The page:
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These two studies by Ramini et al. (2008) and Zeiglar et al. (2004) concur with the model of RAM regarding adaptation. These scholars demonstrate that adaptation occurs in relationship with four interconnected behavior modes which include self-concept, physiologic, interdependence and role function. The most efficient actions that the support group of the breast cancer presented included social support, sharing experience and information, as well as emotional support. Also, Ramini et al. (2008) concurred with the model of RAM by demonstrating that adaptive behavior is a costly reaction to every change. Young adults, together with adolescents, gave accounts of valuable adaptation through their actions of having positive attitudes and managing body changes, which could be connected to cancer and its cure.

Overall Significance of the Theory

RAM model obtains preference of use among many scholars due to its capacity to combine different aspects of adaptations among people, that is to say, RAM can offer a valuable structure to evaluate the adaptation of persons despite their demographic and geographic differences. This model also provides a framework in which different forms of stimuli that have the capacity to influence the adaptation of an individual can be discovered. Since RAM is a broad model, many scholars use it as a conceptual framework to investigate different aspects of nursing in their work. Besides, other scholars use RAM as an outline to direct the interviews in their work.

Nursing Situation

Mohammed got involved in an accident, two months ago, which left his leg amputated. Mohammed works as an electrical engineer and his insurance cover, of 5 years, expired last year. The firstborn in Mohammed’s family is Osman, who is 13 years old and expecting to join high school next year. The second born is Abdul, who is five years old. Mohammed’s wife, called Nasra, is expectant, and she is a housewife. Amina, who is Mohammed’s mother, has an acute exacerbation of the chronic obstructive pulmonary disease. Mohammed’s father died two years ago after he got involved in a similar accident. The entire family has a strong commitment to the Islamic religion.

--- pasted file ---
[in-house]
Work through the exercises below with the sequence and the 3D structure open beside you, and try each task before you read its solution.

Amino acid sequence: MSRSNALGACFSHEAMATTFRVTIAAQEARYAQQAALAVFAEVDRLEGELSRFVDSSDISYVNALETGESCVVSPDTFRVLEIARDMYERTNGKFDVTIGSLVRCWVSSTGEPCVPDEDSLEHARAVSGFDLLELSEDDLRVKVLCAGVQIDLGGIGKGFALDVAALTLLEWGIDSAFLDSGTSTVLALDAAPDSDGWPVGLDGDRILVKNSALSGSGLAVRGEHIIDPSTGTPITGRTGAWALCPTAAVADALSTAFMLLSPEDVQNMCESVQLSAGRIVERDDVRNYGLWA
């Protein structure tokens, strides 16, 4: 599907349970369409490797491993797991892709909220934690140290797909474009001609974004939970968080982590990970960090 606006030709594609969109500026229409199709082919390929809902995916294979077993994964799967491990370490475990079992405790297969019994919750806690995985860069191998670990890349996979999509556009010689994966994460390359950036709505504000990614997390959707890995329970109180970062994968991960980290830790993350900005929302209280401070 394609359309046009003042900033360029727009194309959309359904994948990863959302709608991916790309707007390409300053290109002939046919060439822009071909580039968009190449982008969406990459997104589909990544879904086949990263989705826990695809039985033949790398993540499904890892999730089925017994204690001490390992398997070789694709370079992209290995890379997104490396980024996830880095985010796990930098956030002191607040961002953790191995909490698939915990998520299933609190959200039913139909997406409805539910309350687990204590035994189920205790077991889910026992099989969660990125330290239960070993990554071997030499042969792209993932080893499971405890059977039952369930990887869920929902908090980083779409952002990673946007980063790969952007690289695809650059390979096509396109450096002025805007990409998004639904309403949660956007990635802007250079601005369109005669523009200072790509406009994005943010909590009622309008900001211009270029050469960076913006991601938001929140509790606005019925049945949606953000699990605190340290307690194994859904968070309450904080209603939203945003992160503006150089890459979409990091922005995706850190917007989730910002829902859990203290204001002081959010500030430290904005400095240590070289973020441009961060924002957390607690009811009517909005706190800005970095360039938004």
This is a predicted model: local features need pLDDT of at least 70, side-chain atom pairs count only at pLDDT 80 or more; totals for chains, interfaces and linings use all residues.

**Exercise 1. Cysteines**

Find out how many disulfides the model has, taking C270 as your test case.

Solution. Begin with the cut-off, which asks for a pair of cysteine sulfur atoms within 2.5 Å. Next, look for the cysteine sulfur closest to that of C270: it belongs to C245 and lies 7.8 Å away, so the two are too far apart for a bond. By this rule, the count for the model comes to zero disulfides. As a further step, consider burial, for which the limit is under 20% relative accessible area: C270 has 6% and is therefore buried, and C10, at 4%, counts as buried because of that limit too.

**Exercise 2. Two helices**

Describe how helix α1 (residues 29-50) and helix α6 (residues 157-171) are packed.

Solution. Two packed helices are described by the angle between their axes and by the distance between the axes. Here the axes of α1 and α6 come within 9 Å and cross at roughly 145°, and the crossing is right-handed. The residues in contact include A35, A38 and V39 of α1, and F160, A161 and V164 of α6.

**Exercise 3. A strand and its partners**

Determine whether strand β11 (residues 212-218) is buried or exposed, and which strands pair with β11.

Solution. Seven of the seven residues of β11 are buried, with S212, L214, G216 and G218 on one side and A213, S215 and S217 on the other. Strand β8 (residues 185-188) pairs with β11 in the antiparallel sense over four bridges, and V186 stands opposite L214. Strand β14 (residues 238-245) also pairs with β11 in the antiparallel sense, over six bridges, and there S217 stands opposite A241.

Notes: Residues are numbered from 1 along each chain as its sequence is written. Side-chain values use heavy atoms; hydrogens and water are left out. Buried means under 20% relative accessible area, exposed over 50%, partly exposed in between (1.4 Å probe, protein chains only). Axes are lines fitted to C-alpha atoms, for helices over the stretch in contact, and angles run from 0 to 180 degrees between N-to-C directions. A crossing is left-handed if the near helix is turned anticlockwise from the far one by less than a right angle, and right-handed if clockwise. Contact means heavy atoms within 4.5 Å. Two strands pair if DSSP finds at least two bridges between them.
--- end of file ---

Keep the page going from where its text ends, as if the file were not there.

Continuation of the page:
Such a nursing situation requires integration of many aspects of nursing, and thus, the application of RAM is most appropriate in establishing the best method of practice in providing care for this patient. In this case, we will use RAM in assessing the physical, psychological, interdependent and social behavior of the patient as well as choosing the best method of providing care to this patient.

Psychological State of the Patient

From the information above, it is clear that Mohammed is undergoing lots of psychological issues. First, Mohammed is a devout Muslim, and he is wondering why Allah did not save him from the accident. He feels disconnected from the entire Muslim community as he cannot participate in most religious events, due to his condition. Second, Mohammed fears that his condition may worsen due to a lack of hospital care, as his insurance cover expired. Third, Mohammed fears that his children will stop schooling due to school fees and that his mother’s condition may deteriorate due to inadequate care. Fourth, his father died from a similar accident, and thus he also fears that his condition will exacerbate, leading to his death. Thus, Mohammed feels unwanted in the universe as he cannot participate in most community events. Besides, he holds little meaning to life because he knows that he will eventually die, just like his father dies.

Physiological Behavior of the Patient